Prime Minister Justin Trudeau held his first virtual tour of British Columbia on Wednesday, in lieu of his usual in-person visit to the region, given the restrictions around travelling during the COVID-19 pandemic.
Trudeau took part in online discussions with B.C. Premier John Horgan and federal Environment Minister Jonathan Wilkinson about new green infrastructure projects and economic recovery.
The federal government announced a $28.5-million green infrastructure project with the province on Tuesday. The funding will be divided among 11 projects across B.C., from expanding electric vehicle charging stations in Nanaimo to experimenting with using heat from Vancouver’s sewage to create low-carbon forms of energy.
As Canada tries to recuperate from economic losses incurred during COVID-19, environmental advocates have urged the federal government to remember and keep its climate change and conservation promises. Approaching its Paris climate agreement 2030 deadline, Canada has vowed to reduce greenhouse gas emissions to 30 per cent below what they were in 2005. Trudeau’s government also pledged to increase the amount of land, freshwater and marine conservation areas to 25 per cent and reach net-zero carbon pollution by 2025.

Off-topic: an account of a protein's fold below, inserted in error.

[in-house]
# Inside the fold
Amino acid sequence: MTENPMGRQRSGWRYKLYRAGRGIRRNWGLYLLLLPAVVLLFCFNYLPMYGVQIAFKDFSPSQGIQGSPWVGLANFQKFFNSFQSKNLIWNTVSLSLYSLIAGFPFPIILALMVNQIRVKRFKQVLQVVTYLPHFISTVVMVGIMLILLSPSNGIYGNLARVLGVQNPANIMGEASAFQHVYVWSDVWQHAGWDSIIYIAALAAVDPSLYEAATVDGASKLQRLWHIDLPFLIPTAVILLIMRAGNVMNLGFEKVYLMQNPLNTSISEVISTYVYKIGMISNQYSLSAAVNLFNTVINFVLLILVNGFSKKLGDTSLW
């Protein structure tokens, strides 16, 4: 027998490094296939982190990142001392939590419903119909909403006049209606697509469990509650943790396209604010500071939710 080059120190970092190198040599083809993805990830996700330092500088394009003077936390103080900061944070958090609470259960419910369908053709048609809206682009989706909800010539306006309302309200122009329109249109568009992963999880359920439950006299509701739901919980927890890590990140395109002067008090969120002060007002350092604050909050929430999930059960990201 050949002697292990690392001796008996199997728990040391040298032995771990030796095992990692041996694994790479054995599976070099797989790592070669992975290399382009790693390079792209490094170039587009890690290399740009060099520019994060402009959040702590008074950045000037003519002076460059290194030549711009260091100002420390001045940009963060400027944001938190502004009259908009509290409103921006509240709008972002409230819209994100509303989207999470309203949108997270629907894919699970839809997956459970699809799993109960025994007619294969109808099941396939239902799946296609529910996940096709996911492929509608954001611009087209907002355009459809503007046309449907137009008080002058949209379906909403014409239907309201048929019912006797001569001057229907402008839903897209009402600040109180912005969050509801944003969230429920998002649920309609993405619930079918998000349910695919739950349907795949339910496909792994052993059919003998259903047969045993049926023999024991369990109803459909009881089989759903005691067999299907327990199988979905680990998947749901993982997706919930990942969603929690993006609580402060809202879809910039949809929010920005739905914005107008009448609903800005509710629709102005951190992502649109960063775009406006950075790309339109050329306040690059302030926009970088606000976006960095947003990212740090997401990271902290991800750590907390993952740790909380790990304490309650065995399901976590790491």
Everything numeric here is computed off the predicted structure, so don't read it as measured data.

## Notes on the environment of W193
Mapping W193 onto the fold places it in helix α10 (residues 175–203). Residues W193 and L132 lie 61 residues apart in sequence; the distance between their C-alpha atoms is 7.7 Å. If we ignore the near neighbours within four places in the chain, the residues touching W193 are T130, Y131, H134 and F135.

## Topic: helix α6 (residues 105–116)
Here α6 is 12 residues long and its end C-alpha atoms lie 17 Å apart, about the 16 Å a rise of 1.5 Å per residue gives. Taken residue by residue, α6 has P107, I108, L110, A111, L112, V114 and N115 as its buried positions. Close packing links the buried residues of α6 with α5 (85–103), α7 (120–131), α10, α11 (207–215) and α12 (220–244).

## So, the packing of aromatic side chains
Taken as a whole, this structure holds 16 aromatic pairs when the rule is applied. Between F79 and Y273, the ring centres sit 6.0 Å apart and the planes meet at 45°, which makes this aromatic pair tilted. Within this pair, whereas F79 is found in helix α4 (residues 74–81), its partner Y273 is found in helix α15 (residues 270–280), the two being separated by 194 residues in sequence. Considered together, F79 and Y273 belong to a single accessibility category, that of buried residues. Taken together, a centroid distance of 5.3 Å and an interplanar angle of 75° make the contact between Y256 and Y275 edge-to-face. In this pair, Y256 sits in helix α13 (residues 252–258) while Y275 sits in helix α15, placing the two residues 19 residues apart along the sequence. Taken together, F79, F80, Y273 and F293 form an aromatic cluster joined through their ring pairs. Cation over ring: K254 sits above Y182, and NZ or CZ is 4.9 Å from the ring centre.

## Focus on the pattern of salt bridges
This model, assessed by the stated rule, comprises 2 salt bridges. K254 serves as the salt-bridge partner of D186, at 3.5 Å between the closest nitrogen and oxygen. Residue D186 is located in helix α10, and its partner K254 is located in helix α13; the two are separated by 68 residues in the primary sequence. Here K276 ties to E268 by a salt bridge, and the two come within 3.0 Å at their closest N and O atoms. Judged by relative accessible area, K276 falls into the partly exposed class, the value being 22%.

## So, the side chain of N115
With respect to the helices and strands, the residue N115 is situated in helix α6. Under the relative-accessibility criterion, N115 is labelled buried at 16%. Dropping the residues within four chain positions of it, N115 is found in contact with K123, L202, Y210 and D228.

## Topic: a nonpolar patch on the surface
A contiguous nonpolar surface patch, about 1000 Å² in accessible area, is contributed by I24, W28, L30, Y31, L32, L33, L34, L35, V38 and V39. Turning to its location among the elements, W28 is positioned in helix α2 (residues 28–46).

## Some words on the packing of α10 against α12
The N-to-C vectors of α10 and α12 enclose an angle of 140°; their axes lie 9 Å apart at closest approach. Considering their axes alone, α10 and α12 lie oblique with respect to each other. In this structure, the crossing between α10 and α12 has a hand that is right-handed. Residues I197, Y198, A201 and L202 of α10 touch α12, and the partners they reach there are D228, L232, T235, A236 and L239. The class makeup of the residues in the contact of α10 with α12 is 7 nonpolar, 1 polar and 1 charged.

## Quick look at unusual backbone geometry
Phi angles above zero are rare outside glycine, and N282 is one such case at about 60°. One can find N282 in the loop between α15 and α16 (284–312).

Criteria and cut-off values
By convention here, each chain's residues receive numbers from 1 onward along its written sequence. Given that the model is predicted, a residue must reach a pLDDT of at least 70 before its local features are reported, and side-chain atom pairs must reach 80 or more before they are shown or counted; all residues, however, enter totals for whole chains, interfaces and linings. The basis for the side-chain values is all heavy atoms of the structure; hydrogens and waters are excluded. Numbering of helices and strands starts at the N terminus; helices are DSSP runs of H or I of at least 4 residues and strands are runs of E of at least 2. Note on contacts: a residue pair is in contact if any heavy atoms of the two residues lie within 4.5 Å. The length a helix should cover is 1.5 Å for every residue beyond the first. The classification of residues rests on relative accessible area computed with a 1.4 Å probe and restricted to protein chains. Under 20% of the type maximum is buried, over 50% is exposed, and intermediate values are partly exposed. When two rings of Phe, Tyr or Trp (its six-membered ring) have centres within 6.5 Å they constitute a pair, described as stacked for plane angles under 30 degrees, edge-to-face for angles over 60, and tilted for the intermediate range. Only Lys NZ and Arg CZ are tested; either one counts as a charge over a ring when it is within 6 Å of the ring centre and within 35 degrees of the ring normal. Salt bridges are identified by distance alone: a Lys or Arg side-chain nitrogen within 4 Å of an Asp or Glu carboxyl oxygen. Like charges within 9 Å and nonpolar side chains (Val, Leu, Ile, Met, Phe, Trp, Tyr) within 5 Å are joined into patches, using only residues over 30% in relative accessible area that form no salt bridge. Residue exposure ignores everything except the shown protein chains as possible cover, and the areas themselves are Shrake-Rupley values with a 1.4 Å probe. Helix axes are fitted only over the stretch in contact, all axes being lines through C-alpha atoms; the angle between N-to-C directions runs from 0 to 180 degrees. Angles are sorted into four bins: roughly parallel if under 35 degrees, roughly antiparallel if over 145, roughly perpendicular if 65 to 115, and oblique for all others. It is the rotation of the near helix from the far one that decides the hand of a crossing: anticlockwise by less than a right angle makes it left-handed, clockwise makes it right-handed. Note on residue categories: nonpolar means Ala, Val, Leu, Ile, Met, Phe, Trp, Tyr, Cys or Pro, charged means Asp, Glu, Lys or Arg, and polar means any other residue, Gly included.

“We got to get through this pandemic first,” said Trudeau in a video posted prior to his meetings.
The prime minister, along with Wilkinson, participated in a “Green Recovery” roundtable that included major stakeholders from B.C. to discuss shaping economic recovery while simultaneously meeting Canada’s climate targets.
Analysis from the Canadian Centre for Policy Alternatives found that the forced shutdown of businesses in March saw pollution levels in the country’s five largest cities fall by 15 percent. But the environmental gains were tainted by a historically low drop in Canada’s gross domestic product, which for the months of April, May and June slumped by 11.5 percent, according to Statistics Canada’s latest numbers.
Trudeau’s virtual tour comes as Parliament is set to resume in three weeks, when his government could fall on a non-confidence motion. While Trudeau said he prorogued Parliament to give his government time to figure out a COVID-19 recovery plan, it came on the heels of an ethics probe into his dealings with WE Charity.
If the Liberal government fails the confidence vote, Canadians would go to the polls this fall. With 42 seats in the House of Commons, B.C. could play an important role in who is elected prime minister. In the 2019 election, the Liberals and the NDP won 11 seats each in the province, while the Conservatives got 17.
Premier John Horgan said his discussion with the Prime Minister and his minister of environment focused on keeping British Columbians safe during the pandemic.
Premila D’Sa / Local Journalism Initiative / Canada’s National Observer